Get To Know Linux: Secure Shell
If you spend enough time with Linux at some point you are going to want (or need) to log on to a remote machine. And logging on to a remote machine is something you want to do in a secure enviroment. To gain security when having to do any remote administration, your best bet is secure shell.
Secure shell was created as a replacement for telnet because telnet transmitted unencrypted passwords. The encryption is handled via public key cryptography. Through secure shell the user can issue commands on a remote server or even tunnel the X protocol in order to run remote graphic applications locally.
Using secure shell on Linux will require you to install openssh-clients and if you want to run an secure shell server (so others can secure shell into your machine) you will need to install openssh-server. These can be found in your Add/Remove Program utility. During the installation you will most likely be informed that the installer needs to generate a key. You won't have to do anything for this key generation. And, depending upon the Add/Remove Program utility that you use you may not even see any sign that this is happening.
To use secure shell you will need to open up a terminal window (gnome-terminal, konsole, aterm, eterm, etc). Once this is open you can begin. The structure of the command is:
ssh OPTIONS REMOTE_SERVER_ADDRESS
Secure shell has quite a list of options available. For a complete listing of these options issue the command man ssh to see them all. But the most useful options are:
- -v This gives verbose output so you can see all output given as a connection is being made.
- -l This allows you to specify a username for the connection.
- -X This instructs the remote server to allow the tunneling of X protocols.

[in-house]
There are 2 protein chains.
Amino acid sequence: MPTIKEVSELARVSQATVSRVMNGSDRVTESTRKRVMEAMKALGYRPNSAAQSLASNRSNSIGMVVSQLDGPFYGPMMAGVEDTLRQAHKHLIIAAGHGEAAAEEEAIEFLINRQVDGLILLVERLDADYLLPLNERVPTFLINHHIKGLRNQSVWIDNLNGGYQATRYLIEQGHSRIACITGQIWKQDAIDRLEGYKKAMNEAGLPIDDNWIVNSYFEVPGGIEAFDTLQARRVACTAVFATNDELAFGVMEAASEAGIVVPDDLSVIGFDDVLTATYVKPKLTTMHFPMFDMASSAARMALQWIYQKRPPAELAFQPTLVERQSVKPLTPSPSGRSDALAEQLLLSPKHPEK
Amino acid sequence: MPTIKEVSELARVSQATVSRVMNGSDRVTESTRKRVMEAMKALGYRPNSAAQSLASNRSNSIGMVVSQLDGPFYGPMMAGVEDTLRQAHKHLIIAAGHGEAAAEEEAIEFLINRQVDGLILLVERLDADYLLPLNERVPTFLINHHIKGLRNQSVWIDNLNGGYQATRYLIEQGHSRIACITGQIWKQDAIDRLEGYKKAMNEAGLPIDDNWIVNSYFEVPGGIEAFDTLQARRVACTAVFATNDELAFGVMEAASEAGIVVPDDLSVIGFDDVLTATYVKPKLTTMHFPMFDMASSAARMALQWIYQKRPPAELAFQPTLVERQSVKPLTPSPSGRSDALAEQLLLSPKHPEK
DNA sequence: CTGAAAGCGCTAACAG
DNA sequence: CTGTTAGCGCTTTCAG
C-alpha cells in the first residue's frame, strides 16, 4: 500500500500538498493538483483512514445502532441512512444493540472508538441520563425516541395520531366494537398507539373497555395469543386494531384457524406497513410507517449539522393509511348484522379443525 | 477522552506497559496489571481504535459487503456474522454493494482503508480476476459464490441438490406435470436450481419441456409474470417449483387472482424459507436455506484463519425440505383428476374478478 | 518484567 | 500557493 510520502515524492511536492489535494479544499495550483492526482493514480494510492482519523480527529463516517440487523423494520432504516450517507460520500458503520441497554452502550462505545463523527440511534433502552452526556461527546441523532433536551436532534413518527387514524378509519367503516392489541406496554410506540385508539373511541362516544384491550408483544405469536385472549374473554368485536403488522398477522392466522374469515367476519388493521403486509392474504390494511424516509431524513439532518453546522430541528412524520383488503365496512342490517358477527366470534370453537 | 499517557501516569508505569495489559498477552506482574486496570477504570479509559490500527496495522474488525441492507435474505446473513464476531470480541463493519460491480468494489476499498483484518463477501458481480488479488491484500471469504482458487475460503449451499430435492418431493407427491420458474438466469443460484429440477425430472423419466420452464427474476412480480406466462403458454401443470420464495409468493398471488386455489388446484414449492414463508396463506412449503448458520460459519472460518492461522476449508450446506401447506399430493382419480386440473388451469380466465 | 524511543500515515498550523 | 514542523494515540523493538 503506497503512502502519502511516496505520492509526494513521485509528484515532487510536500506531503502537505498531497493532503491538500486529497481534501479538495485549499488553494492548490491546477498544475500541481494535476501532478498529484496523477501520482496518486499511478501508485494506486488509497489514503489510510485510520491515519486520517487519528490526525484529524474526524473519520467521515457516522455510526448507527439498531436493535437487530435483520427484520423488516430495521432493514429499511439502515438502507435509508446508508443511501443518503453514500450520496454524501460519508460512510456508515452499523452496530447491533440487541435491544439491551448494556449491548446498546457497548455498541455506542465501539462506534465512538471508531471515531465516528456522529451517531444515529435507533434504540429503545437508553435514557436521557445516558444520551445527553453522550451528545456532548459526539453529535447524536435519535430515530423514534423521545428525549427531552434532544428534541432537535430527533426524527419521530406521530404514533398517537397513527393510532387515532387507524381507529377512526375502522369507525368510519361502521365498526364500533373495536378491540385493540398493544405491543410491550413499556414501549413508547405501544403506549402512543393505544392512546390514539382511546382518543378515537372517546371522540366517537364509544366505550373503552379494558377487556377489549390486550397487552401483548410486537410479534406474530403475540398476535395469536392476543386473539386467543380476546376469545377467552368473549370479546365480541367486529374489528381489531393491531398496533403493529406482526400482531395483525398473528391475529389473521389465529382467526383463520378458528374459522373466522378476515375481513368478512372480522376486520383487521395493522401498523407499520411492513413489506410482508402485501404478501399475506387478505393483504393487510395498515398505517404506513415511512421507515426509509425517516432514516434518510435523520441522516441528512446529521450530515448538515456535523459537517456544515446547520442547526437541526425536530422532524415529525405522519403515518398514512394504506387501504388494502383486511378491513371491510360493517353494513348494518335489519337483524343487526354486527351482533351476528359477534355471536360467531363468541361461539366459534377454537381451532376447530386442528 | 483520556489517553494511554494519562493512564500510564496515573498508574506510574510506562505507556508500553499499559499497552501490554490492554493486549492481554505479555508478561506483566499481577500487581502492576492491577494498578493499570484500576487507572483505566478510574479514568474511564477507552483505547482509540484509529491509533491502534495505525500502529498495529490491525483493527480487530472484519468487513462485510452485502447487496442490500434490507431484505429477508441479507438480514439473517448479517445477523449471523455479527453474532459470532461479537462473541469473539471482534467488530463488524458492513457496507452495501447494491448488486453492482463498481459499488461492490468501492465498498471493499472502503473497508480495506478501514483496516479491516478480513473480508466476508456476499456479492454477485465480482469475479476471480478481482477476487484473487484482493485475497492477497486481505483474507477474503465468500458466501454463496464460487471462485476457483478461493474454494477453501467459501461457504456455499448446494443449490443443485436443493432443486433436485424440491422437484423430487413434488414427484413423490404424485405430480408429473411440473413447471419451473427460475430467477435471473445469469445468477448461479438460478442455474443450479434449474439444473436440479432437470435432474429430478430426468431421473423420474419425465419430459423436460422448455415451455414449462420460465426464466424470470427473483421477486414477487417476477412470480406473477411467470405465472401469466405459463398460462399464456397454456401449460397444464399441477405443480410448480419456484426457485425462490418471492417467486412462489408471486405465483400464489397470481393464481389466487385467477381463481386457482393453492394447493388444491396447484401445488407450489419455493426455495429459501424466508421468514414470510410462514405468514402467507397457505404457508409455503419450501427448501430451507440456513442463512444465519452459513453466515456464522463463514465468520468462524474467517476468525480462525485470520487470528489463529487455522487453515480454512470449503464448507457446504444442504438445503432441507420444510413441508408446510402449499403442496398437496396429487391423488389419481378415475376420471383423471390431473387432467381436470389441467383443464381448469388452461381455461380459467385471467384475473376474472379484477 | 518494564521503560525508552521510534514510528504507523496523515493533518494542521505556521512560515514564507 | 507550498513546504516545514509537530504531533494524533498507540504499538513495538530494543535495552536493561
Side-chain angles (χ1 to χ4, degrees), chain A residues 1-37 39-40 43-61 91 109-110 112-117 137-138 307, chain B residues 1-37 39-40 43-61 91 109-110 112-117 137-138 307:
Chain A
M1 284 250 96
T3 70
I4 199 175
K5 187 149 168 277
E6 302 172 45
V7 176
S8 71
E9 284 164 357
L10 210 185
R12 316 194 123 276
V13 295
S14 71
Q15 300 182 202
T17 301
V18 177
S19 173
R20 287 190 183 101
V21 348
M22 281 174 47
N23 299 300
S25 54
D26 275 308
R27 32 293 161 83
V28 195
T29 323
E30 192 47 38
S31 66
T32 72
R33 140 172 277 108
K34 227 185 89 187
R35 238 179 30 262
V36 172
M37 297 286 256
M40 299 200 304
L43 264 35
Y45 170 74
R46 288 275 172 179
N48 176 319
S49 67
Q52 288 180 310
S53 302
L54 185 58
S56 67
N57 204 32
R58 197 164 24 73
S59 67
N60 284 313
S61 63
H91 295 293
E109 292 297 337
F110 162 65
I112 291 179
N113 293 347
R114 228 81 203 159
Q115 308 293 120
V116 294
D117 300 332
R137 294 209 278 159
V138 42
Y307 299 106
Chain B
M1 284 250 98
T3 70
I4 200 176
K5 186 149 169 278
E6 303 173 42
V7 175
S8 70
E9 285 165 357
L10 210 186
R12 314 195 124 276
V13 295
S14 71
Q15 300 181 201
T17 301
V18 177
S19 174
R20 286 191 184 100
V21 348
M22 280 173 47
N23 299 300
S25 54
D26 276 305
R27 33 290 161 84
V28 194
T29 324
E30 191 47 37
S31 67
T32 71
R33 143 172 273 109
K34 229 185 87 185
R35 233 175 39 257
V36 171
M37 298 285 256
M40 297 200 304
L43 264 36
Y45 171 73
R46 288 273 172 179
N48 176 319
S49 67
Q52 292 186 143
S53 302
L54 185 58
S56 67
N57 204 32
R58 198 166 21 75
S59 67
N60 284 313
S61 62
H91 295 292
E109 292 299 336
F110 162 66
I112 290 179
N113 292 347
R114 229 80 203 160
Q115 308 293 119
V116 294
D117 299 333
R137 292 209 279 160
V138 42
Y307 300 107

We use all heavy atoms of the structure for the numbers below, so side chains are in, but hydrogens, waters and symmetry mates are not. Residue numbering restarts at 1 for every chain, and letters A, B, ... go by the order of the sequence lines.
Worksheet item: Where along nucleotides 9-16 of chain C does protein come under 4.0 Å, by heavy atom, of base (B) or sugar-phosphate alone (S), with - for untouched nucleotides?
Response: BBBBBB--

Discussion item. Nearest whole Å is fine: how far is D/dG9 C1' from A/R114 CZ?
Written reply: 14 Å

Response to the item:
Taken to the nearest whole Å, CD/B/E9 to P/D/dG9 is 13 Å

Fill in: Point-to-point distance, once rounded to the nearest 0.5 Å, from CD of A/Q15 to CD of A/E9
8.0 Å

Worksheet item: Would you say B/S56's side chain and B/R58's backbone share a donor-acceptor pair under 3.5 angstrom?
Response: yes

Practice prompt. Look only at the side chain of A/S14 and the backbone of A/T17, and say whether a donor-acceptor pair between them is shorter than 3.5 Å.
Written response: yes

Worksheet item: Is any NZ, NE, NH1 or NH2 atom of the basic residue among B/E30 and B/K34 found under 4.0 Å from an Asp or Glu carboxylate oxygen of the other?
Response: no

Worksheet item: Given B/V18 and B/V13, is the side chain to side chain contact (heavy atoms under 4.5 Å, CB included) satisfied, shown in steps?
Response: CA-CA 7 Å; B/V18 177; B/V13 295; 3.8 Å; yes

Say you want to connect user jlwallen to server 192.168.1.10 and you want to tunnel X. The command to do this would be:
ssh -v -l jlwallen 192.168.1.10 -X
You would see a good deal of information pass by before you are asked for the users password. If this is the first time you've attempted this connection you will be prompted (via Y or N) if you want to allow the addition of a key to be placed in the ~/.ssh/known_hosts file. If you are wanting to make this connection you will have to accept this key.
Now if you want to have the secure shell daemon running on your machine (so that users can log on) you will have to start the deamon. The ssh daemon (sshd) is started from the init.d system. On a Fedora-like system this daemon is started like so:
On a Ubuntu-based system this daemon is started like so:
Once the daemon is started users can now log in. NOTE: The sshd daemon runs on port 22 so you will need to have that port open in order to allow connections.
Secure shell is one of the better means of logging into a remote machine securly. Sure there are other methods but secure shell is easy to use, reliable, and secure.Advertisement
ssh is great as described, and even better for so much more. You can install it on windows (google for cygwin sshd, moba-ssh, or windows openssh) too.
Besides accessing it using a commandline ssh client or a GUI client like PuTTY, you can use it as an SCP/SFTP server with either a command line scp/sftp or using a GUI FTP program, many of which support SFTP. WinSCP is great, and can be downloaded in the form of a portable runnable .exe from its site (and it’s great for FTP too).
It can also be used to tunnel TCP and UDP ports securely. This means you can open a single port on your firewall for ssh, or forward a single port to your computer, and then have lots of programs communicate through your encrypted ssh session. I use it with VNC and RDP every day.
I covered X tunneling here before â€“ fascinating stuff.